Thousands of turtles and migratory birds burn in fire in Parishan wetland in Iran
During last month, thousands of turtles, migratory birds, snakes and other animals have burned tragically in fires around Parishan wetland in Iran. The fires had been set to clear the reeds in the area for road building. According to Mehr reporter, setting these fires in the last two months has caused an environmental disaster resulting in death of the native turtles, migratory birds and other animals that lived around Parishan lake.
The helpless turtles that burned in the fires
According to the report, in the past twelve months close to 30 acres of the bamboo filled areas around the lake have been consumed in fires set systematically and deliberately by those who responsible for the destruction of the Parishan wetland. Around 20 acres were destroyed in the deadly fires within the past year, while over 8 acres were burned in the last 1.5 months.
The bones of a bird burned in the fire...perhaps it was sleeping in its nest!
It should be noted that the distance from the villages around Parishan wetland to the city of Zanjan is about 4.5 kilometers, and around 2 Kilometer of the distance from the mountain to the lake. However, the villagers and the authorities have declared this distance as 800 meters in order to downplay the significance of this destruction.
|Fars is one of the 30 provinces of Iran. It is in the south of the country and its center is Shiraz. It has an area of 122,400 km square. In 1996, this province had a population of 3.8 million people, of which 56.7% were registered as urban dwellers, 41.0% villagers, and 1.4% nomad tribes.||
Parishan Lake (source google earth)
A burned snake... no way to escape the deadly fires
A burned turtle
This painful disaster happened as a result of some local officials in the town of Kazeroun pushing for approval of the road and getting the villagers to sign a 20-metter petition in its support. Ironically these same officials had previously indicated their concerns for Parishan wetland.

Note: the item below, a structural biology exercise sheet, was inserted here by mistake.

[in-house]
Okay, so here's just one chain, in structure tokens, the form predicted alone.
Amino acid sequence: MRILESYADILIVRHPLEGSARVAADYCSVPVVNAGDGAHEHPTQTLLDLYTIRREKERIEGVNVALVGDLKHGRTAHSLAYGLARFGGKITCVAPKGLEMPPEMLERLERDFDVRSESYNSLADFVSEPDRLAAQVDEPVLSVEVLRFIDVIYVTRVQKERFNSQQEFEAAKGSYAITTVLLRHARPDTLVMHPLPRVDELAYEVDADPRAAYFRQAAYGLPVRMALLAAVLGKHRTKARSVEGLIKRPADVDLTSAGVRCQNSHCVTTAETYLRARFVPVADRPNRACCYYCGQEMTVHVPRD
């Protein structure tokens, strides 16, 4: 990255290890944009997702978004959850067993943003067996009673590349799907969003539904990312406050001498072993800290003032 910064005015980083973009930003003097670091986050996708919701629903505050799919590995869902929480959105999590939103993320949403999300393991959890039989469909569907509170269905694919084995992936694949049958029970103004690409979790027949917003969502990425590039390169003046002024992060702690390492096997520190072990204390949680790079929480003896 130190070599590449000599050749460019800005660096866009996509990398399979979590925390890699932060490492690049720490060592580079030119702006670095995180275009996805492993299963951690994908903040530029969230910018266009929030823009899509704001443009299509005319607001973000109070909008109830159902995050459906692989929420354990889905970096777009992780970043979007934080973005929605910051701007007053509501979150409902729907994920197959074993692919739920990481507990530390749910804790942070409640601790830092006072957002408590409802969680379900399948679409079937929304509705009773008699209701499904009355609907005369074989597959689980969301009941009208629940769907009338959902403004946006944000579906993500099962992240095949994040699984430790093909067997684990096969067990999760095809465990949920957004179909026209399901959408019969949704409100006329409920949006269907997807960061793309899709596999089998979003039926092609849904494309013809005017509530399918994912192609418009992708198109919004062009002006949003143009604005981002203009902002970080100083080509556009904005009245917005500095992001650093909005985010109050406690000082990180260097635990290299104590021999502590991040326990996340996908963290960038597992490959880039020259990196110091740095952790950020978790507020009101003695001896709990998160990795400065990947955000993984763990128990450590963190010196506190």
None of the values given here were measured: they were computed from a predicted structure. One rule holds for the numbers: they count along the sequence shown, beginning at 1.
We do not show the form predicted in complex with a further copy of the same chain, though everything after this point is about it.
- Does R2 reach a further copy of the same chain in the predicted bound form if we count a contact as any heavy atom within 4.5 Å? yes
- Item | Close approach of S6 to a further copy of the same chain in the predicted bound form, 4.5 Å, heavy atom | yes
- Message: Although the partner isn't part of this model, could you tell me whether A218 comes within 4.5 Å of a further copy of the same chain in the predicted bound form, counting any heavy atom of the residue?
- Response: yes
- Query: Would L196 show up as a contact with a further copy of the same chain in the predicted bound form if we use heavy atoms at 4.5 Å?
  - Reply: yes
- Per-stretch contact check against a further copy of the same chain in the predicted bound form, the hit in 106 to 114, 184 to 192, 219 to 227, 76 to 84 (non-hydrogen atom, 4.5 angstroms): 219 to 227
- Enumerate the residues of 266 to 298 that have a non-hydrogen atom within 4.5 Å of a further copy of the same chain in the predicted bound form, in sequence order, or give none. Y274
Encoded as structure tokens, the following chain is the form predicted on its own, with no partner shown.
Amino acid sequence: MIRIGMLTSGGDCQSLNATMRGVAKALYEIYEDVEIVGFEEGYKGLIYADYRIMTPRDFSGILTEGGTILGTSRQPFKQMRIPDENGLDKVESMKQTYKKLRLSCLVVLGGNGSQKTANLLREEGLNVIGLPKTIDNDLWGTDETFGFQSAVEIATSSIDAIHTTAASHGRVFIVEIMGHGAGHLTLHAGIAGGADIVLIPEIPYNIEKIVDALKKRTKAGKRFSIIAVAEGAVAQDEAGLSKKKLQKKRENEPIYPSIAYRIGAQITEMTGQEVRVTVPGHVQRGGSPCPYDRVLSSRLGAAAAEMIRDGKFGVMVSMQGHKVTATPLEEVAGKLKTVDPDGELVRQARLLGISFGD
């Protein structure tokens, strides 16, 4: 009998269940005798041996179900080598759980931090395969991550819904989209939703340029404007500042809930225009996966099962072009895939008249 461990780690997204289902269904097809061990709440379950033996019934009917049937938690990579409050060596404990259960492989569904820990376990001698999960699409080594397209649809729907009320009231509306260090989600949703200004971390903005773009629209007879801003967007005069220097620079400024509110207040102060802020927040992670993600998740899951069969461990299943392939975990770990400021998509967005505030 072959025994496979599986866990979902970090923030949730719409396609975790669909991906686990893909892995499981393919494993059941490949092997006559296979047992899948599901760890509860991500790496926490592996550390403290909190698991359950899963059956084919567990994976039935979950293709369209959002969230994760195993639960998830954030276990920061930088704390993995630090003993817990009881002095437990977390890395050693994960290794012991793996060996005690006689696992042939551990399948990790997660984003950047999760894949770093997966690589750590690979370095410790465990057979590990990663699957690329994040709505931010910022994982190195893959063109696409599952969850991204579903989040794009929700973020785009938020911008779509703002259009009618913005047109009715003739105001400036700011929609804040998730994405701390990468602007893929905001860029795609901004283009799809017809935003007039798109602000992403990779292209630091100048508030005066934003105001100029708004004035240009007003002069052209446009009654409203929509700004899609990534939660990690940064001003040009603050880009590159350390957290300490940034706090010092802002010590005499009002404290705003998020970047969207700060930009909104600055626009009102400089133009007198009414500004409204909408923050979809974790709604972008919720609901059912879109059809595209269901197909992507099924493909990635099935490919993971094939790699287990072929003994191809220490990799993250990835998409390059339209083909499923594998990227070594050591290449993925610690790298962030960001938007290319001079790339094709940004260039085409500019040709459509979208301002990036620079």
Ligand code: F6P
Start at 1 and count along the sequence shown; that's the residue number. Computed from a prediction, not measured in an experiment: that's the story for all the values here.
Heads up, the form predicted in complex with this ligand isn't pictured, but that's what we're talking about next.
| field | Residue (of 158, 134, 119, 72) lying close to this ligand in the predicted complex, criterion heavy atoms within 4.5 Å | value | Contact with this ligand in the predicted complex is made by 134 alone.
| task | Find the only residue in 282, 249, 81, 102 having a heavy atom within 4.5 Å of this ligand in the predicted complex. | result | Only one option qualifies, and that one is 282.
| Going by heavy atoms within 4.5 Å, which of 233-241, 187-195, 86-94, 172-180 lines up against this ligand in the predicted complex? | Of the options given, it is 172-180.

The environmental protection agency has been ordered by the Justice Department to investigate the destruction of Parishan wetland and identfy those responsible for this destruction. However, the agency has so far failed to do anything in this regard. In fact, the head of the agency in Pishtar has told Mehr he is unaware about the order of the Justice Department.
Bones of a burned bird
The Justice Department office in Kazeroun has confirmed that the quiet destruction of Parishan is still continuing. The head of the Justice Department told Mehr that they have repeatedly reminded the Environmental Protection Agency, the Agricultural Jihad and the Water Department to prevent the farmers from draining the lake and to report the offenders. However, they have failed to comply with the orders and the destruction of Parishan hasn't stopped.
The burned reeds field around Parishan wetland...
turtles, birds, snakes,... are all silent now
Related Web Sites:
BirdLife IBA Factsheet: Dasht-e Arjan and Lake Parishan
- BirdLife International
Lake Parishan, fed by permanent springs and seasonal watercourses, lies in an enclosed drainage basin in a broad valley and is brackish to saline, the salinity varying widely with the size of the lake. At maximum extent (c.4,000 ha), the lake is almost fresh. During the early 1970s, water levels were low, the lake was brackish to saline, marsh vegetation was confined to the western and eastern ends near freshwater inflow, and there were large areas of bare saltflats in the south-west bay. In recent years, however, water has remained high and is now almost fresh, and there is very extensive Phragmites and Typha in many parts. Salt-tolerant vegetation (principally Chenopodiaceae) is predominant around the lake and large areas of grassland are now under wheat. There is some reed-cutting at both wetlands, and the Department of the Environment plans to establish a Guest House and Visitor Centre overlooking Lake Parishan. Land ownership is public.
Source: BirdLife International 2008 BirdLife's online World Bird Database: the site for bird conservation. www.birdlife.org
Parishan Biosphere Reserve & International Wetland
Earth Watchers Service
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